Hey, remember that spat between Google and Microsoft from a few months back over whether or not Microsoft was damaging Google by creating its own YouTube app? Well, good news for all you Windows Phone users out there: you have an official YouTube app again, as all finally seems to be forgiven between the two companies.
The official Windows Phone YouTube app made its appearance on Tuesday, complete with new a slew of new features, including the ability to pin videos, playlists, channels and search queries to the Start screen as Live Tiles.
Users can also manager their YouTube profile, playlists, uploads and video lists, and share videos to social networks, e-mail and text messages.
The app also comes with updates search capabilities, including suggestions, as well as a Kid's Corner, for children to only view age appropriate videos.
“We’ve released an updated YouTube app for Windows Phone that provides the great experience our consumers expect while addressing the concerns Google expressed in May, including the addition of ads. We appreciate Google’s support in ensuring that Windows Phones customers have a quality YouTube experience and look forward to continuing the collaboration," Microsoft has said in a statement to various news outlets.
So what caused the problems between Google and Microsoft in the first place?
It all started when Google refused to develop an app for Windows Phone, which would have allowed those users to connect directly to YouTube. In response Microsoft decided to build an app by itself, without Google's permission.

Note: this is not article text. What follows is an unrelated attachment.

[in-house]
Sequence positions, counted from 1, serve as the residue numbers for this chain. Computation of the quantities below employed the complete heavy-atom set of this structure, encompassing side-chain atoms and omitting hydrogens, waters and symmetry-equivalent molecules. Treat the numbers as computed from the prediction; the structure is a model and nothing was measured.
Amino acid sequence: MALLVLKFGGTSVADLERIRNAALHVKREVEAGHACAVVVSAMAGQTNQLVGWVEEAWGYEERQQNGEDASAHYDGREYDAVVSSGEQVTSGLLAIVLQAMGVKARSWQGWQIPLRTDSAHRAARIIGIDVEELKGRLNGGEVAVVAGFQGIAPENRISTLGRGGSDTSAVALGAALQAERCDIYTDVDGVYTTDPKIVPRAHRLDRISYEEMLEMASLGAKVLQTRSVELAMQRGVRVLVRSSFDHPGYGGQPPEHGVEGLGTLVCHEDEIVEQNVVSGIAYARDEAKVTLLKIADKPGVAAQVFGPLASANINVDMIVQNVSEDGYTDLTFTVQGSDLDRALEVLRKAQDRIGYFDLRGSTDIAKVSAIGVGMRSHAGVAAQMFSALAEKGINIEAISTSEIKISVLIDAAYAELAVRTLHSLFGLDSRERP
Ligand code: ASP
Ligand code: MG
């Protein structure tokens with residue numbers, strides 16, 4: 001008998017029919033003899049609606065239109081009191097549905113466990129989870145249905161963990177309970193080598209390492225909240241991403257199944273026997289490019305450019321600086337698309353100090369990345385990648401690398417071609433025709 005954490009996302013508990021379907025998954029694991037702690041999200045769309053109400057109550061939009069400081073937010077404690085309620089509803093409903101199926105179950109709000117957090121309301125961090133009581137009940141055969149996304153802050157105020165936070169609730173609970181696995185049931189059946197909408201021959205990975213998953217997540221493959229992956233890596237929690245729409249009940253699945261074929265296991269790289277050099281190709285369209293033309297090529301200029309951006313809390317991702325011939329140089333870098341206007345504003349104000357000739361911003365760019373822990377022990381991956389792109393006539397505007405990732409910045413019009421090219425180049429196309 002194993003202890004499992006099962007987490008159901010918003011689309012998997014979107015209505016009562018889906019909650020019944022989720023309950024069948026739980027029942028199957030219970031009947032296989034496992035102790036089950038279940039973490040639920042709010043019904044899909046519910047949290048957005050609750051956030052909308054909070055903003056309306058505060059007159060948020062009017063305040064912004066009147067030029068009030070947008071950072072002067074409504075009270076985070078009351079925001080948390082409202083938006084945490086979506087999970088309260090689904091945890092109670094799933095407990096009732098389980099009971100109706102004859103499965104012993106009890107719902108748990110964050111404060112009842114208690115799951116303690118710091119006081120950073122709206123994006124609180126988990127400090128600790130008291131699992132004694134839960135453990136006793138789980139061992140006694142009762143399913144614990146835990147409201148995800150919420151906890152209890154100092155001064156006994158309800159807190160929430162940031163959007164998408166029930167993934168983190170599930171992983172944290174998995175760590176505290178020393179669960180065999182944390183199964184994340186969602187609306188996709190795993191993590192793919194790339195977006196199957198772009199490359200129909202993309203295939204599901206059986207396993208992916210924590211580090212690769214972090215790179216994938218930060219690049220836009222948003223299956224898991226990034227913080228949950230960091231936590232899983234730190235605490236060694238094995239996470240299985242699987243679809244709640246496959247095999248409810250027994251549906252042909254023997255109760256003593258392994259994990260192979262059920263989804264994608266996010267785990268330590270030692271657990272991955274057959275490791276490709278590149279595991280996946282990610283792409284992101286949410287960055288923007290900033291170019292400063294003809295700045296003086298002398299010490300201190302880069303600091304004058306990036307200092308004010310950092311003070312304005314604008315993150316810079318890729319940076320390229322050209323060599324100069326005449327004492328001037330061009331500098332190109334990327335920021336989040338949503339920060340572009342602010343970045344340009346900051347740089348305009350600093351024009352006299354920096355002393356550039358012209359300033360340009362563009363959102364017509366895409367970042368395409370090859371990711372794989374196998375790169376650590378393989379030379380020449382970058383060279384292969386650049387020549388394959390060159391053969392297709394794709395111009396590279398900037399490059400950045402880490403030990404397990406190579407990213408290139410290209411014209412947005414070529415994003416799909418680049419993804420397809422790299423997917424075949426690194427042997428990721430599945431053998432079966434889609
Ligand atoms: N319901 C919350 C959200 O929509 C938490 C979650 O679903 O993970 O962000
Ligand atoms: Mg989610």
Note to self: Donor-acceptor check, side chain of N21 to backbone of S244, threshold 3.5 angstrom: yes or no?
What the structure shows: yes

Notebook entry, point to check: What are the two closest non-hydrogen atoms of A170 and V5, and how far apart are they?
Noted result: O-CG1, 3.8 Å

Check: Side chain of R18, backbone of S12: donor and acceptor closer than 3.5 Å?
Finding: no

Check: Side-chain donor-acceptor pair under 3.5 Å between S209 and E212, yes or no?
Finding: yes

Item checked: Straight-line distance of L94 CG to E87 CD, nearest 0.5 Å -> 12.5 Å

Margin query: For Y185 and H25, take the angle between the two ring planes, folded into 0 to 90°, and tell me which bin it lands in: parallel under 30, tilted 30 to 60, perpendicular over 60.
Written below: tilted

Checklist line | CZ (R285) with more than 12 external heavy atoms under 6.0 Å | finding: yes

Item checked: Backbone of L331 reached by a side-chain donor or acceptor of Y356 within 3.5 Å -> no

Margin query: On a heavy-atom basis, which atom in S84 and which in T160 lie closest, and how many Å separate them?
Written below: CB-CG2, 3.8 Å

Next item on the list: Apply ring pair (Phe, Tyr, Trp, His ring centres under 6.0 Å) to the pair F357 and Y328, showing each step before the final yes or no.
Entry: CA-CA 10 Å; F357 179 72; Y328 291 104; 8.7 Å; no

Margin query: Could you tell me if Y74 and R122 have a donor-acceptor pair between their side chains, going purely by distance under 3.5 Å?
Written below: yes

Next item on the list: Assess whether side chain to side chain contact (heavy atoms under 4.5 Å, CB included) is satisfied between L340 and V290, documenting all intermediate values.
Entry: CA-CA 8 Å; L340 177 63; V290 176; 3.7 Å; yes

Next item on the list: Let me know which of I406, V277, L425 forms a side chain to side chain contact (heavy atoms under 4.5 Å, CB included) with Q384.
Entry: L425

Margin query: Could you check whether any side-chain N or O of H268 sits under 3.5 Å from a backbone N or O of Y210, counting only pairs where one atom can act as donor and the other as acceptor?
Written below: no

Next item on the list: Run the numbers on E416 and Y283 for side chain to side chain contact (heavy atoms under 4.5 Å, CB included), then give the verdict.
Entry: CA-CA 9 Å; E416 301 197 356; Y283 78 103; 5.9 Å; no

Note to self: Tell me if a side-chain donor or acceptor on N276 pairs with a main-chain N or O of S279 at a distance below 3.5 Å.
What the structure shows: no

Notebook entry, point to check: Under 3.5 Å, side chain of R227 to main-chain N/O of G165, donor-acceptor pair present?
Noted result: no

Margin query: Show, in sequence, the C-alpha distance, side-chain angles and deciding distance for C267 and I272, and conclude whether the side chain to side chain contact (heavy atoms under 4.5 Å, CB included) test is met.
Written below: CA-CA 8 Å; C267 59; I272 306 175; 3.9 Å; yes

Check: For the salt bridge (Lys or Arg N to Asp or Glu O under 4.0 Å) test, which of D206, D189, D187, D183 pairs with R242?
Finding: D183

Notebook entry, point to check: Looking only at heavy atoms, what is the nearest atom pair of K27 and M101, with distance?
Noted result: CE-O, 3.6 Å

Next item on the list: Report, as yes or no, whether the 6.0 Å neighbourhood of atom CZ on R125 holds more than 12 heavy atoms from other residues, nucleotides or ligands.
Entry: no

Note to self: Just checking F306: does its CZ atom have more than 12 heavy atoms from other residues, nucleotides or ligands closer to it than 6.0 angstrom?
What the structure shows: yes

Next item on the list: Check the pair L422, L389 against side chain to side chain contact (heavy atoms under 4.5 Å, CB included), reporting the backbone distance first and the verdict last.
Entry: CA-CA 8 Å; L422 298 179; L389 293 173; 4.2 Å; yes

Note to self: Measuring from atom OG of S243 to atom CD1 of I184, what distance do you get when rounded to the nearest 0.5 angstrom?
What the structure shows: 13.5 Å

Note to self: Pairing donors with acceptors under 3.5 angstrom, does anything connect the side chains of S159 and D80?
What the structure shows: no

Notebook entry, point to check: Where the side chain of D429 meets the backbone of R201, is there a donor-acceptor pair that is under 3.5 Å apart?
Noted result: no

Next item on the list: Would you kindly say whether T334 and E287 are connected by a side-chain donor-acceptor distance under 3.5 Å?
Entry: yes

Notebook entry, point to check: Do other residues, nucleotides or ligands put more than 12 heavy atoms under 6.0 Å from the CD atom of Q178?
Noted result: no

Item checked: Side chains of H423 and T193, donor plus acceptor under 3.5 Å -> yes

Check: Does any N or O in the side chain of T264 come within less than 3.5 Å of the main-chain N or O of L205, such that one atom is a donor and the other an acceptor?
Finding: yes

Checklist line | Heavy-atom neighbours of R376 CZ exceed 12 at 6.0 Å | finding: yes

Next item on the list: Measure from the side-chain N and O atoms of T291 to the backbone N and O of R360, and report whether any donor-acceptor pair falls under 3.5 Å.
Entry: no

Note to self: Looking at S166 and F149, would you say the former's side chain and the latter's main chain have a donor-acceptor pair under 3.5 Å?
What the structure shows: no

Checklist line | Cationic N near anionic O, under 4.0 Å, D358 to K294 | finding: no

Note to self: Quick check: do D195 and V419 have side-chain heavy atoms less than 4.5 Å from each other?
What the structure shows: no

Googe was, of course, unhappy about the development, and so Francisco Varela, Director of Global Platform Partnerships at YouTube, wrote a scathing letter to Todd Brix, General Manager of Windows Phone Apps and Store, demanding that Microsoft to take the app down.
Google cited three specific issues it has with the app: it let users download videos from YouTube, it prevented ads from being displayed in YouTube video playbacks and it played videos whose owners have set to only play on certain platforms.
"These features directly harm our content creators and clearly violate our Terms of Service," Varela wrote.
Not allowing ads to run in videos hurt creators moniterily, while the video playback problem violated specific agreements some of them had with third parties.
"In addition to violating those provisions of the Terms of Service, your application also uses YouTube's protected trademarks in ways that likely confuse consumers as to the source of the application and whether it is affiliated with or approved by YouTube," she said.
After the letter became known, Microsoft and Google announced publically that they would be working together to resolve the issues at hand. And the new app is the result.
Of course, Microsoft could have just used YouTube’s iFrame API in the first place, and would have avoided this mess entirely.
Google has good reason to want to bring YouTube to the Windows Phone platform: it is rapidly becoming a strong number three platform, right behind iOS and Android, according to a report from the International Data Corporation (IDC) earlier this month.
While its overall market share did not see much of an increase, going from 3.1% to 3.7% year to year, it saw a huge increase in shipments: going from 4.9 million to 8.7 million. That is an increase of 77.6%.
Windows may be still be lagging away behind, but it is seeing tremendous growth. And for Google that can only mean more eyeballs on its advertisements.
(Image source: http://mashable.com)